learners may not contribute to the resources.
However, they may collaborate with fellow learners
feedback from users is collected to be used for
future improved versions
Stanford’s Introduction to DBs vs. QC
some semi-automated support exists as well based
on quizzes with Gradiance-style grading
thus, after submitting a selection the system will
score the quiz, and for incorrect answers will
provide an "explanation" (sometimes for correct ones
too), which is supposed to help learners get the right
answer the next time around
moreover, learners get a different variant of each
problem of the quizzes on every attempt, so they
are advised to continue taking them to reinforce
their understanding, even after they have achieved
a perfect score on one variant
Stanford’s Introduction to DBs vs. QC
multiple-choice midterm and final exams are crafted
carefully so the problems are not solvable by running
queries or checking Wikipedia
creating these exams, at just the right level, turned
out to be one of the most challenging tasks of the
entire endeavor, Professor Widom says
the learners are allowed to use the courseware at
their own pace, but the ones choosing that approach
were not allowed to get the statement of
accomplishment offered by Professor Widom
Professor Widom tells the story of the development
journey and the whole experience in a very touching
way on her ACM SIGMOD blog
Comparison of the 3 Open Courseware
most beneficial for learners is, in our opinion,
StanfordWidomDB due to the commitment and
enthusiasm of Professor Widom and her team
Saylor also offers valuable meaningful experiences
what has made the difference: Professor Widom has
involved herself personally (along with the team, of
course) in the process, has been keeping in touch
with the learners, having “a grand time”, despite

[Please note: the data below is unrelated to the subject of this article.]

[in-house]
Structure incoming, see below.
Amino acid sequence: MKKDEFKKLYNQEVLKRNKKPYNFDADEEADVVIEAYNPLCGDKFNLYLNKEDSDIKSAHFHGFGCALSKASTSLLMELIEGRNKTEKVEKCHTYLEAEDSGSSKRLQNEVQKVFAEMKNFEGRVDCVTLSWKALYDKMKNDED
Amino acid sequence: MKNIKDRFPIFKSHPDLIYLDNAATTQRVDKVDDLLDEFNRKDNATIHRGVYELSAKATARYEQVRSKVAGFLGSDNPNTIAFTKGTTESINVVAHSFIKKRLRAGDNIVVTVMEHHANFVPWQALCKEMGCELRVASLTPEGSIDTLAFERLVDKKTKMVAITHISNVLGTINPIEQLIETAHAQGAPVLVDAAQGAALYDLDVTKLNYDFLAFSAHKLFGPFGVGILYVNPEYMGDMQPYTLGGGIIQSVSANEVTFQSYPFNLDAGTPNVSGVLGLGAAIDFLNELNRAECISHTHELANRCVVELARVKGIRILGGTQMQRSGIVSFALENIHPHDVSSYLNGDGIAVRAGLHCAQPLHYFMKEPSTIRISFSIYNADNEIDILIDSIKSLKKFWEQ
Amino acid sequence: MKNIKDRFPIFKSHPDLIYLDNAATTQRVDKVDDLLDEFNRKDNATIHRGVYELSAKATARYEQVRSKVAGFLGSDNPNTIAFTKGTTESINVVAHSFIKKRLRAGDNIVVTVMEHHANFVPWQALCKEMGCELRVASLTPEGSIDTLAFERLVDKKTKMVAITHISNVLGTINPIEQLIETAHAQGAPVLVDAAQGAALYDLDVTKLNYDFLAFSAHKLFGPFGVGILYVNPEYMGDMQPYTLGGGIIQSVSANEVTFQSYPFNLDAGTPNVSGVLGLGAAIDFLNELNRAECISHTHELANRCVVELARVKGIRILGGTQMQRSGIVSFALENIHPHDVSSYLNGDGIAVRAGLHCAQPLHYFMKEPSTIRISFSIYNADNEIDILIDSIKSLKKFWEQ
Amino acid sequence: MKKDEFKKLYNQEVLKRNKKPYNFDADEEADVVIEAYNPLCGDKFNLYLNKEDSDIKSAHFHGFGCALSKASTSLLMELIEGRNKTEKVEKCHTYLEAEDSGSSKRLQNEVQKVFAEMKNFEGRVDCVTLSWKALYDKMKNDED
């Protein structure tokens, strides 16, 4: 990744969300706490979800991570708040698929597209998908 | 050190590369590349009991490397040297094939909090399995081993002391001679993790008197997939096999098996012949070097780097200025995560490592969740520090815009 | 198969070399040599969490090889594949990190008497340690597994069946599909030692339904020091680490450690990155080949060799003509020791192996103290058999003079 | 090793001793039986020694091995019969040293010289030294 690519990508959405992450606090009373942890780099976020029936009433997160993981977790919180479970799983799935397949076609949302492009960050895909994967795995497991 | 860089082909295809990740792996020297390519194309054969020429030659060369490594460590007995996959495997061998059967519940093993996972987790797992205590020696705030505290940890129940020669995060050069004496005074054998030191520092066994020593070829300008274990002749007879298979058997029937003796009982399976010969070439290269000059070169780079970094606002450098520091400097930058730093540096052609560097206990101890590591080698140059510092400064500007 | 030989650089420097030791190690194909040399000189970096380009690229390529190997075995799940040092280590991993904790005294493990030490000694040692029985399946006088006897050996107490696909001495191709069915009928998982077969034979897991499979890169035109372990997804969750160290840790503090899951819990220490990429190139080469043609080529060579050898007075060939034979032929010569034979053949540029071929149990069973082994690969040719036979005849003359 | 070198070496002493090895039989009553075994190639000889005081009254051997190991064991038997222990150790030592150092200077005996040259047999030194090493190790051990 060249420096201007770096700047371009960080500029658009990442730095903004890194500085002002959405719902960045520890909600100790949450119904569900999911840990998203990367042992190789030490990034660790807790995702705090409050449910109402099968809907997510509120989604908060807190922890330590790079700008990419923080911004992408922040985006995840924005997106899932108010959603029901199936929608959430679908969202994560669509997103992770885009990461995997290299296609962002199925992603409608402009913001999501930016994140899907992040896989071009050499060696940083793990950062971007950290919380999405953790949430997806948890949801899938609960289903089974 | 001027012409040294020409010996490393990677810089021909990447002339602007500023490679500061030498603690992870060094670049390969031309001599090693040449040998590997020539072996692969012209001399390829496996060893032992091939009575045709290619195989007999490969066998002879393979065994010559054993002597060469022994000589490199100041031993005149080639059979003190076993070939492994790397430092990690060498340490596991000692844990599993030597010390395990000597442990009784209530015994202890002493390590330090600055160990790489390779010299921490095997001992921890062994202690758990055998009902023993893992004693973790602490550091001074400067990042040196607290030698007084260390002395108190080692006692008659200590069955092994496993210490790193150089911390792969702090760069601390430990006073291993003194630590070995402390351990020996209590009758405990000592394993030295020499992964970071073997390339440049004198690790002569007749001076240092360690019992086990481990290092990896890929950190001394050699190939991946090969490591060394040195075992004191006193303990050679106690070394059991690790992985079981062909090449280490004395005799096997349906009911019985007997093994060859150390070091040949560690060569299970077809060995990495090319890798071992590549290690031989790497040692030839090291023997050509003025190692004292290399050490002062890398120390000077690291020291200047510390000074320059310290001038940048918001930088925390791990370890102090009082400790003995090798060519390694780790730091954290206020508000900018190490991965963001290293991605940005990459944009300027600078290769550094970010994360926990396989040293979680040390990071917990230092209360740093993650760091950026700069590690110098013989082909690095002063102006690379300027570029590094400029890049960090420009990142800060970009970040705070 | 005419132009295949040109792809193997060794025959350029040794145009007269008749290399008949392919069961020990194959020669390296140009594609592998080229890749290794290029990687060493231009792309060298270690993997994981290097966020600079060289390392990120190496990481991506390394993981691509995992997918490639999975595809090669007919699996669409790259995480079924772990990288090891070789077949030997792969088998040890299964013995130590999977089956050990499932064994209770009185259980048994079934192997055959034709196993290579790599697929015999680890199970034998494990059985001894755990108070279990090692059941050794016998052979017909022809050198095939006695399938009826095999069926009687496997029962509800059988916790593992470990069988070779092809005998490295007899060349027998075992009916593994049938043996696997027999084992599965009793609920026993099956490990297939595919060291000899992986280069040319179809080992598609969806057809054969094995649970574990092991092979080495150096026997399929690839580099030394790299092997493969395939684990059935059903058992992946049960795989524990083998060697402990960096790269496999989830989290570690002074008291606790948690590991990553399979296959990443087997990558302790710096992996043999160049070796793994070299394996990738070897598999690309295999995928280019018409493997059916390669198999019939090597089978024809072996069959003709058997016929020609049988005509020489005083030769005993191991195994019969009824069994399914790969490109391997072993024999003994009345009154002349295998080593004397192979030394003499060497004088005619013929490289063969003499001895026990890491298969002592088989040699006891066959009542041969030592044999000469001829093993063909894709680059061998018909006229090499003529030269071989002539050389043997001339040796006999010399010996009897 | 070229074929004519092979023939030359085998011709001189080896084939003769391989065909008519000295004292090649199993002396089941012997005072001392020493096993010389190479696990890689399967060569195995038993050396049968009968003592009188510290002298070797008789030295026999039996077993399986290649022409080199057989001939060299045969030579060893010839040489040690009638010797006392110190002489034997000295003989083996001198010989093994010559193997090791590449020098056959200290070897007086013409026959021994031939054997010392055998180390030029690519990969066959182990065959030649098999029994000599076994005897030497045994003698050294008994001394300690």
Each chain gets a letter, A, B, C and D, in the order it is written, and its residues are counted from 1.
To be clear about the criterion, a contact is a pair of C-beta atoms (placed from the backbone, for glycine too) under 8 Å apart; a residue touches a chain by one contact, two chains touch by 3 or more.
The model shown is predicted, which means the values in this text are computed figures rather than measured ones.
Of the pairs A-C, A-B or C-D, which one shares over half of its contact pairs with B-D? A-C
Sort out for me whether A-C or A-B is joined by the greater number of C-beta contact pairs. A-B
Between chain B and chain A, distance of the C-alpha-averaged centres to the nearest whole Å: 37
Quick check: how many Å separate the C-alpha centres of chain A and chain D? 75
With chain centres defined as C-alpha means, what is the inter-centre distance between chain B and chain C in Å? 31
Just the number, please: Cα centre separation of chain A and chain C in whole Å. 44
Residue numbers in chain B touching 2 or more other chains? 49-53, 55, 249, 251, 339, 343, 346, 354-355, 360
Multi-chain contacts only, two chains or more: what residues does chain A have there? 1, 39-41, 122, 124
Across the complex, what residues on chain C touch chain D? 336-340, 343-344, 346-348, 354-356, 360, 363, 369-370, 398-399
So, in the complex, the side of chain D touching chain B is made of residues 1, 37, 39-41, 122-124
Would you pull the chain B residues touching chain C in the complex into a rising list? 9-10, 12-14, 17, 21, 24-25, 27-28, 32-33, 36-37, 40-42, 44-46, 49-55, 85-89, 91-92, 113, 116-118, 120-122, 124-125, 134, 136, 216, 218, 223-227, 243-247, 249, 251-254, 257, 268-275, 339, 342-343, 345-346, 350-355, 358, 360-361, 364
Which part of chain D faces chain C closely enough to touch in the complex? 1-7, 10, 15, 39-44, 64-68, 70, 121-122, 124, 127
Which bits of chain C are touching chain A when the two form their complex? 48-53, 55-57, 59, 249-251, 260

the challenges
MITOCWDB, despite the quality of the instructors
and materials, lacks the direct connection with and
support for its users
Comparison of the 3 Open Courseware
the user interface and supporting framework looks
best in SaylorDB due, in our view, to the fact that
Saylor.org is thought to become an open online
university, where independent learners are ought
to return with pleasure and confidence that the
courseware materials are connected to them in a
meaningful, unique, transformative way
The main merit of MITOCWDB is that offers content
provided by very high quality Professors, and, in a
larger view, that with the OCW movement has
started everything. Without it, the other
“candidates” would have probably not existed.
Conclusions (1)
put into practice the quality criteria, and to learn
from this experience how to develop them further
for the time being the evaluation is subjective,
being based on more than 20 years of author’s
experience in Higher Education, particularly here,
in teaching Databases
there is no preoccupation yet for considering
explicitly learning theories or instructional design
Conclusions (2)
new quality criteria: support for learners coming
from other learners, opportunity for peer
collaborative learning, availability of quick guides
of relevant software, and providing links to related
relevant resources
extended quality criteria: accessibility needs to be
seen at a higher level, not only as web
accessibility, but as concerning access to as many
people as possible to the open educational content
Conclusions (3)
security of confidential information included in
terms of use, along with copyright and licensing
issues, anonymity, age restrictions, netiquette,
updating or deleting personally identifiable
information, security for primary, secondary and
indirect users in terms of ISO/IEC 25000 SQuaRE
Future work
compliance with existing quality standards,
educational theories and best practice in the field
each measurable criterion has to be evaluated in a
quantifiable way, by devising an appropriate
scoring or rubric system that will help users and
other evaluators to “measure” open courseware
the inspection procedure for quality evaluation and
comparison needs to be taken to the next, more
formal, level, aiming at providing a quality
evaluation framework
Final conclusion
having many open courseware
available, the struggle for quality
will be encouraged for users’
benefit, being them learners,
instructors, faculty, developers,
and educational institutions
Thank you!  and to the anonymous
reviewers for their valuable
comments and ideas to improve both
the paper and the quality model